Gaddafi was also a persuasive diplomat on the continent. He could be trusted by other African leaders to mediate multiple border wars on the continent during his time in power. He nurtured relationships with even the South African anti-apartheid leader Nelson Mandela. This paid off with extraordinary return after Western governments imposed through the United Nations sanctions on Libya, in the hopes of isolating and crippling the nation’s resistance. State leaders from all over the continent, shunned the sanctions and visited Libya. ” Several African leaders who benefited from Libyan support openly defied sanctions by flying to Libya to meet with Qadhafi in violation of the most economically harmful portion of the measures…”[12]  What Gaddafi’s Foreign Policy’s explains to us today, is that the African continent can only be secure from imperial designs if it is unified. It should implement greater coordination in the fields of economics, diplomacy, and defense.


Today there is a lack of leadership in Africa willing to stand up for Africa’s independence and against globalizing forces taking economic and political power from the people. Client governing classes have been anointed by the United States, France, and Great Britain to govern the people, so long as their governance is in line with the extractive nature of Western capitalism. Leadership must combine with class mobilization to offer alternative, socialist and popular, forms of governance that will create a self-sufficient, continental society with great autonomy. “The collapse of the Soviet Union left Libya entirely bare to the American “enemy”, the “terrorist, and “imperialist superpower”…”[13] This created room for Libyan foreign policy to flourish, in a sense, because new space was available for Libya to fill the gap as arms and financial exporter for the continent, leading to a larger African expression in foreign policy. With the defeat of Gaddafi by NATO forces, and the resulting chaos in Libya, the West can again obstruct the vision of unity. Egypt, though playing a great role in unity projects in the third world under Nasser, has also suffered from internal confusion following a revolution. Egypt and Libya, nations in the geographic position to be lynchpin powers in the project for third world unity (the Middle East and Africa) are now in internal chaos with no ideological vision. Two leadership countries, dominant forces culturally and politically on the continent have been sidelined. Where can Africa go from here? New leaders, with the oratory and leadership skills, able to mass the people for popular revolt, are necessary. The West will continue to thwart any vision of African unity, because it inevitably must have a socialist personality that can create self-sufficiency. The imperial powers have only cosmetically changed, the substance of their policies have remained the same, maintaining Africa’s dependency; for financial aid, conflict resolution, and military assistance. Nasser and Gaddafi struggled against this for decades; now new leadership must pick up the call.

[1] Guy Martin: African Political Thought, pg 2.

[2] Aoude, Ibrahim G. “From national bourgeois development to Intifah: Egypt 1952-1992.” Arab Studies Quarterly 16, no. 1 (Winter 1994). Academic Search Complete, EBESCOhost (accessed December 1, 2014).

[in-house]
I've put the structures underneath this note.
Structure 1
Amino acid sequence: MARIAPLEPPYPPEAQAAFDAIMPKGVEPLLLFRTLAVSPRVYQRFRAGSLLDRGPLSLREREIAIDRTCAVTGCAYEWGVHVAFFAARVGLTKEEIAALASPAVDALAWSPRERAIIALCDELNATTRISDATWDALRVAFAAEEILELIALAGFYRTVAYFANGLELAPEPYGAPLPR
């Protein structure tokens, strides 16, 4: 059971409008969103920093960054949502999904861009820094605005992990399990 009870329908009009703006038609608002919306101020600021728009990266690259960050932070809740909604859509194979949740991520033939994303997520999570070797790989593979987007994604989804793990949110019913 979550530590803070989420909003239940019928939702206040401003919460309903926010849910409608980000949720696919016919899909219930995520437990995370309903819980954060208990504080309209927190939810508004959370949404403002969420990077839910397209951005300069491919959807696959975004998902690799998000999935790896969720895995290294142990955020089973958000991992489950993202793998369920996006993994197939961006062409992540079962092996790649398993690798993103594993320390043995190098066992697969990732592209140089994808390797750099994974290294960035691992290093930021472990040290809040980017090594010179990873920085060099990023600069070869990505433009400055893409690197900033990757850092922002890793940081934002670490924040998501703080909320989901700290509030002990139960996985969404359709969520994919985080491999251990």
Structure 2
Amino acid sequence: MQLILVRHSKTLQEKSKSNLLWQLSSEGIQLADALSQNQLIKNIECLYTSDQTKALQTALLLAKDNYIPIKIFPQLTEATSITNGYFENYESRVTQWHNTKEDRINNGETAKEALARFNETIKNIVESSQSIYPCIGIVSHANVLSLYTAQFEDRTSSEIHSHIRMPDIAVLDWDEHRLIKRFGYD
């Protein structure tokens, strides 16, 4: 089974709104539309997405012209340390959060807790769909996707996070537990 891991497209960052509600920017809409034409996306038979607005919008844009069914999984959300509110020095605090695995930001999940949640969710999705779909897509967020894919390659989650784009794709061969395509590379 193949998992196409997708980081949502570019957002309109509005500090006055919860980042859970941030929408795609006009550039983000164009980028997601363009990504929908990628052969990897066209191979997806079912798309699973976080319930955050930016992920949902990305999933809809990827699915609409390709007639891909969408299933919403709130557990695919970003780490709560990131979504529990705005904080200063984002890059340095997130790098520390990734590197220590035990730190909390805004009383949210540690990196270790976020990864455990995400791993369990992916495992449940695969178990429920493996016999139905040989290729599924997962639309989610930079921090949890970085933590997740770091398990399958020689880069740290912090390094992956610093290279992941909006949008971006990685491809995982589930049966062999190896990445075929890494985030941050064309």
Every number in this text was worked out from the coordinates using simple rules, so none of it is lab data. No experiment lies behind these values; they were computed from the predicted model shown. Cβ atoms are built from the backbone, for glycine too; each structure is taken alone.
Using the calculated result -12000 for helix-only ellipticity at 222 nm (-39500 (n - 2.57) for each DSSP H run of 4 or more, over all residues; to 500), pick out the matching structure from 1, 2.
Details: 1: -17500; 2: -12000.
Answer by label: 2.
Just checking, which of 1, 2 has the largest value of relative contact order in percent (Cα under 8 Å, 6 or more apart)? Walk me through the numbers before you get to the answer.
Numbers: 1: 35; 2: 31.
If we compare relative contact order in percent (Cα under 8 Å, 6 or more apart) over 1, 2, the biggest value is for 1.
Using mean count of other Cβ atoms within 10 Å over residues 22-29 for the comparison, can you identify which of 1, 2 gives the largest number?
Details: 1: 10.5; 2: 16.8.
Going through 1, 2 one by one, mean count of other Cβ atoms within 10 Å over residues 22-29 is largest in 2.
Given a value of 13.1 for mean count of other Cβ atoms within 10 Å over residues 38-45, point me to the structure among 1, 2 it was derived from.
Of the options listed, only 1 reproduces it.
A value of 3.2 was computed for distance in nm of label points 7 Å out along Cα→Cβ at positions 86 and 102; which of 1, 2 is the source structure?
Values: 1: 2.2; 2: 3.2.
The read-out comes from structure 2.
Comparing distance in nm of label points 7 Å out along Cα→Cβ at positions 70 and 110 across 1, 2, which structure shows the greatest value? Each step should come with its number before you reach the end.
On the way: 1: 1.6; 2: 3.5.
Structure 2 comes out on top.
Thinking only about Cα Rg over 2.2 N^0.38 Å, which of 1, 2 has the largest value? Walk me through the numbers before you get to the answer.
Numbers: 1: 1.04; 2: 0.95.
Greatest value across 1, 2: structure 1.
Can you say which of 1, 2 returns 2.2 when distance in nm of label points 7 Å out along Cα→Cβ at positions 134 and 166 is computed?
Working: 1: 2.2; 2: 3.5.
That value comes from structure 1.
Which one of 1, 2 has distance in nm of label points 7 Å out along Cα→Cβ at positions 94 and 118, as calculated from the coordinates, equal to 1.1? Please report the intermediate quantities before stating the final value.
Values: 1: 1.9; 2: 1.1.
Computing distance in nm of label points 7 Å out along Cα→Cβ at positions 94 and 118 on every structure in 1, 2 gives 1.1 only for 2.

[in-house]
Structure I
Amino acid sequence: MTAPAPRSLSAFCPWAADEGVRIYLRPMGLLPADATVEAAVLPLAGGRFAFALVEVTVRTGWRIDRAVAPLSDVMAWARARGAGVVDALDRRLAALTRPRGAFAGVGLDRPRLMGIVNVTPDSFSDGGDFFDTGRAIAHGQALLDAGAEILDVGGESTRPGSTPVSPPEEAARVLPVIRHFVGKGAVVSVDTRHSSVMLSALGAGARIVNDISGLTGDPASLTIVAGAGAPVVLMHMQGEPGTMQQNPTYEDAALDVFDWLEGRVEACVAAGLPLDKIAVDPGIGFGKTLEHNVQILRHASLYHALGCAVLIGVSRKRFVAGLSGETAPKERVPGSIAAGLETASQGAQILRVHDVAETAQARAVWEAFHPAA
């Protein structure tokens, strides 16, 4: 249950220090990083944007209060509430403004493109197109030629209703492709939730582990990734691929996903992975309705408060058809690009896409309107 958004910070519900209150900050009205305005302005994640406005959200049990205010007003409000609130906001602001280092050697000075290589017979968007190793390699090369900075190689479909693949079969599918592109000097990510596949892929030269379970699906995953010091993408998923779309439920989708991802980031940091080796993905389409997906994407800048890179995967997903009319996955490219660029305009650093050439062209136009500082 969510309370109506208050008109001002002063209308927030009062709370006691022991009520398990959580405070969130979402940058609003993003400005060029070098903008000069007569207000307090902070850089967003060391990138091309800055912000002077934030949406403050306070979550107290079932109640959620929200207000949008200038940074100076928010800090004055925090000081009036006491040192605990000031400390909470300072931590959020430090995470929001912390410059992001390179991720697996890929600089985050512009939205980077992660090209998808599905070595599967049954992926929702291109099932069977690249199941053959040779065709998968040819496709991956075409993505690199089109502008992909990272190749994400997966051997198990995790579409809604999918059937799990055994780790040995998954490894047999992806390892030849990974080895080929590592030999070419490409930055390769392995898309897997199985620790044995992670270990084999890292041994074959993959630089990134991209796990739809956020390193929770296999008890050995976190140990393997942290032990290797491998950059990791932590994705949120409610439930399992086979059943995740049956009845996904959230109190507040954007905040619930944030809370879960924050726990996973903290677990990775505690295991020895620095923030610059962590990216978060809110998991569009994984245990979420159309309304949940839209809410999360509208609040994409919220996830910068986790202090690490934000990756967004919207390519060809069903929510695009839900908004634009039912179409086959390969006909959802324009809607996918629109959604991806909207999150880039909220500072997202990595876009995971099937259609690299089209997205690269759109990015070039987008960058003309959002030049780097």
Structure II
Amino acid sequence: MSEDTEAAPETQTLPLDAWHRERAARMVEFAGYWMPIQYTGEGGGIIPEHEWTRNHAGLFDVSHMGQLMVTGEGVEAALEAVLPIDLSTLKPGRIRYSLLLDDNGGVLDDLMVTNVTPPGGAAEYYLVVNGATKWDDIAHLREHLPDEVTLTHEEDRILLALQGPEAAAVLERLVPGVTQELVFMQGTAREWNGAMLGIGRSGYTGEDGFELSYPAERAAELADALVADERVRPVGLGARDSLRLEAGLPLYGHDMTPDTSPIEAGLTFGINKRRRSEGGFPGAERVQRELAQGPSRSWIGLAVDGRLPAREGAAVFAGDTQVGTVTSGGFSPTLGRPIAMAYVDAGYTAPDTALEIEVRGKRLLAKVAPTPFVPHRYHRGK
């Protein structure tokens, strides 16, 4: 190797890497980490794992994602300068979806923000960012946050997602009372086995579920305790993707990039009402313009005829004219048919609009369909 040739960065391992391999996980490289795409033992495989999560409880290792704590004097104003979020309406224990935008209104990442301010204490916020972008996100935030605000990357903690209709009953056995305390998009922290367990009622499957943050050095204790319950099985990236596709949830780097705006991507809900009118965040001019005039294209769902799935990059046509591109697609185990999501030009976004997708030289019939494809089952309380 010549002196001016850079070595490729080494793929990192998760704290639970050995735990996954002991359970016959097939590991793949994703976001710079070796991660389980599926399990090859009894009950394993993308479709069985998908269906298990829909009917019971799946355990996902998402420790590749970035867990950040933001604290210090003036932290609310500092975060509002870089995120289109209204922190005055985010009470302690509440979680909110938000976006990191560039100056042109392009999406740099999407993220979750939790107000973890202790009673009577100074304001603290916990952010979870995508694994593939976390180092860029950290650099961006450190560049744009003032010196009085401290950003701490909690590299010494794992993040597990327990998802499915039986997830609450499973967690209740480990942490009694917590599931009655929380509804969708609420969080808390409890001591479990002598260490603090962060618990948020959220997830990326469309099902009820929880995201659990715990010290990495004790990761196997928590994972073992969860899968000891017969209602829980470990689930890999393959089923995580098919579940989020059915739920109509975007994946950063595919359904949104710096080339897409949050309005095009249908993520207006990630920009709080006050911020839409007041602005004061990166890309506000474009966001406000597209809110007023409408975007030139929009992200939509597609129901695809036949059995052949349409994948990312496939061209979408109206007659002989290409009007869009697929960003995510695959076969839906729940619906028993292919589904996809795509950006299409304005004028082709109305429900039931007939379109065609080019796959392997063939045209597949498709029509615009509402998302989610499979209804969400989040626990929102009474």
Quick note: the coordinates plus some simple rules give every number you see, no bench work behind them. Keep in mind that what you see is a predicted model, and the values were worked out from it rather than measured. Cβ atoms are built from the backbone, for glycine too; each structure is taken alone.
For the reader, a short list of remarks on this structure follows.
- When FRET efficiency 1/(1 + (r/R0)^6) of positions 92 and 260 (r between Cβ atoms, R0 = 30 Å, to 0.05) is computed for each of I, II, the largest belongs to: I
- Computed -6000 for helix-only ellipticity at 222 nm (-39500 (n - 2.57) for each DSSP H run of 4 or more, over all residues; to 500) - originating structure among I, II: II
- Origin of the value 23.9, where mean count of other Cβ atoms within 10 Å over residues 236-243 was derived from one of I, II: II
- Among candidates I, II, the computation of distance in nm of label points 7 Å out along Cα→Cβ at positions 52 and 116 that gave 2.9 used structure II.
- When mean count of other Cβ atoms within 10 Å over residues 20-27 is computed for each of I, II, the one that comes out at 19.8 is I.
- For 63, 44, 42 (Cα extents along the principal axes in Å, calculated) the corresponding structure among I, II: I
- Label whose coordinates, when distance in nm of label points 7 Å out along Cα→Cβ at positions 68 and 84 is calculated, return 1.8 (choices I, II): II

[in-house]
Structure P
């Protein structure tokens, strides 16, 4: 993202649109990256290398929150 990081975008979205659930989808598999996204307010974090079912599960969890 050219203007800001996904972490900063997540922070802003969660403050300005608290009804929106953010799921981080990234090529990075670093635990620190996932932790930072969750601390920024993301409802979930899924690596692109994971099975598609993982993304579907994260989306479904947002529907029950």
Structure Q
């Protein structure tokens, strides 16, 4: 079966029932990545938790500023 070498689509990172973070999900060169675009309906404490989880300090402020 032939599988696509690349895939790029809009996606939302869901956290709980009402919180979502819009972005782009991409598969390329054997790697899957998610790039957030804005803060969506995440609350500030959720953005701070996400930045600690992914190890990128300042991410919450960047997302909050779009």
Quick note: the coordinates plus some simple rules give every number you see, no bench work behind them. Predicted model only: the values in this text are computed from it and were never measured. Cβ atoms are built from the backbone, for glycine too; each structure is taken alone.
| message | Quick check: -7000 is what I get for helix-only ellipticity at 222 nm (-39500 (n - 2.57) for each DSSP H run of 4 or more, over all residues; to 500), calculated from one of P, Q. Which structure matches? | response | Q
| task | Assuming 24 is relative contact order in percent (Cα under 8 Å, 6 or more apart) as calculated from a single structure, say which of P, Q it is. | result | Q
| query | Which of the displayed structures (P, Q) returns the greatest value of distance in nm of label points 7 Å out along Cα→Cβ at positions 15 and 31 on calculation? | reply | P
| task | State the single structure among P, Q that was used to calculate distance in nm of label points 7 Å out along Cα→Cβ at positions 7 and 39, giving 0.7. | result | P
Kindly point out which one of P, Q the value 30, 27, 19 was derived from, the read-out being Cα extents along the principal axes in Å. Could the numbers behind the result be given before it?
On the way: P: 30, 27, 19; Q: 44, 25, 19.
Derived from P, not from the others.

[3] Martin, pg 85.

[4] Aoude,

[5] Dr. Assem Al-Desoky’s Major Landowners in Egypt: 1914-1952 (in Arabic, Dar Al-Shorouk, Cairo, 2007. quoted in Egypt on the Brink by Tarek Osman, Yale University Press, 2010, p.45

[6] Aoude,

[7] Martin, pg 115.

[8] Martin, pg 116-17

[9] Stottlemyre, Steve. “Tactical Flexibility: Libyan Foreign Policy under Qadhafi, 1969-2004*.” DOMES: Digest Of Middle East Studies 21, no. 1 (Spring2012 2012): 178-201. Academic Search Complete, EBSCOhost (accessed December 2, 2014).

[10] Ronen, Yehudit. “Libya’s Diplomatic Success in Africa: The Reemergence of Qadhafi on the International Stage.” Diplomacy & Statecraft 13, no. 4 (December 2002): 60-74.

[11] Stottlemyre, pg 194.

[12] Stottlemye, pg 194

[13] Ronen, Yehudit, 60-74.

Works Cited

Aoude, Ibrahim G. “From national bourgeois development to Intifah: Egypt 1952-1992.” Arab Studies Quarterly 16, no. 1 (Winter 1994). Academic Search Complete, EBESCOhost (accessed December 1, 2014).

Dr. Assem Al-Desoky’s Major Landowners in Egypt: 1914-1952 (in Arabic, Dar Al-Shorouk, Cairo, 2007. quoted in Egypt on the Brink by Tarek Osman, Yale University Press, 2010, p.45

Martin, Guy. “African Political Thought.”

Ronen, Yehudit. “Libya’s Diplomatic Success in Africa: The Reemergence of Qadhafi on the International Stage.” Diplomacy & Statecraft 13, no. 4 (December 2002): 60-74. Academic Search Complete, EBSCOhost (accessed December 2, 2014).

Stottlemyre, Steve. “Tactical Flexibility: Libyan Foreign Policy under Qadhafi, 1969-2004*.” DOMES: Digest Of Middle East Studies 21, no. 1 (Spring2012 2012): 178-201. Academic Search Complete, EBSCOhost (accessed December 2, 2014).

Leave a Reply

Fill in your details below or click an icon to log in: Logo

You are commenting using your account. Log Out / Change )

Twitter picture

You are commenting using your Twitter account. Log Out / Change )

Facebook photo

You are commenting using your Facebook account. Log Out / Change )

Google+ photo

You are commenting using your Google+ account. Log Out / Change )

Connecting to %s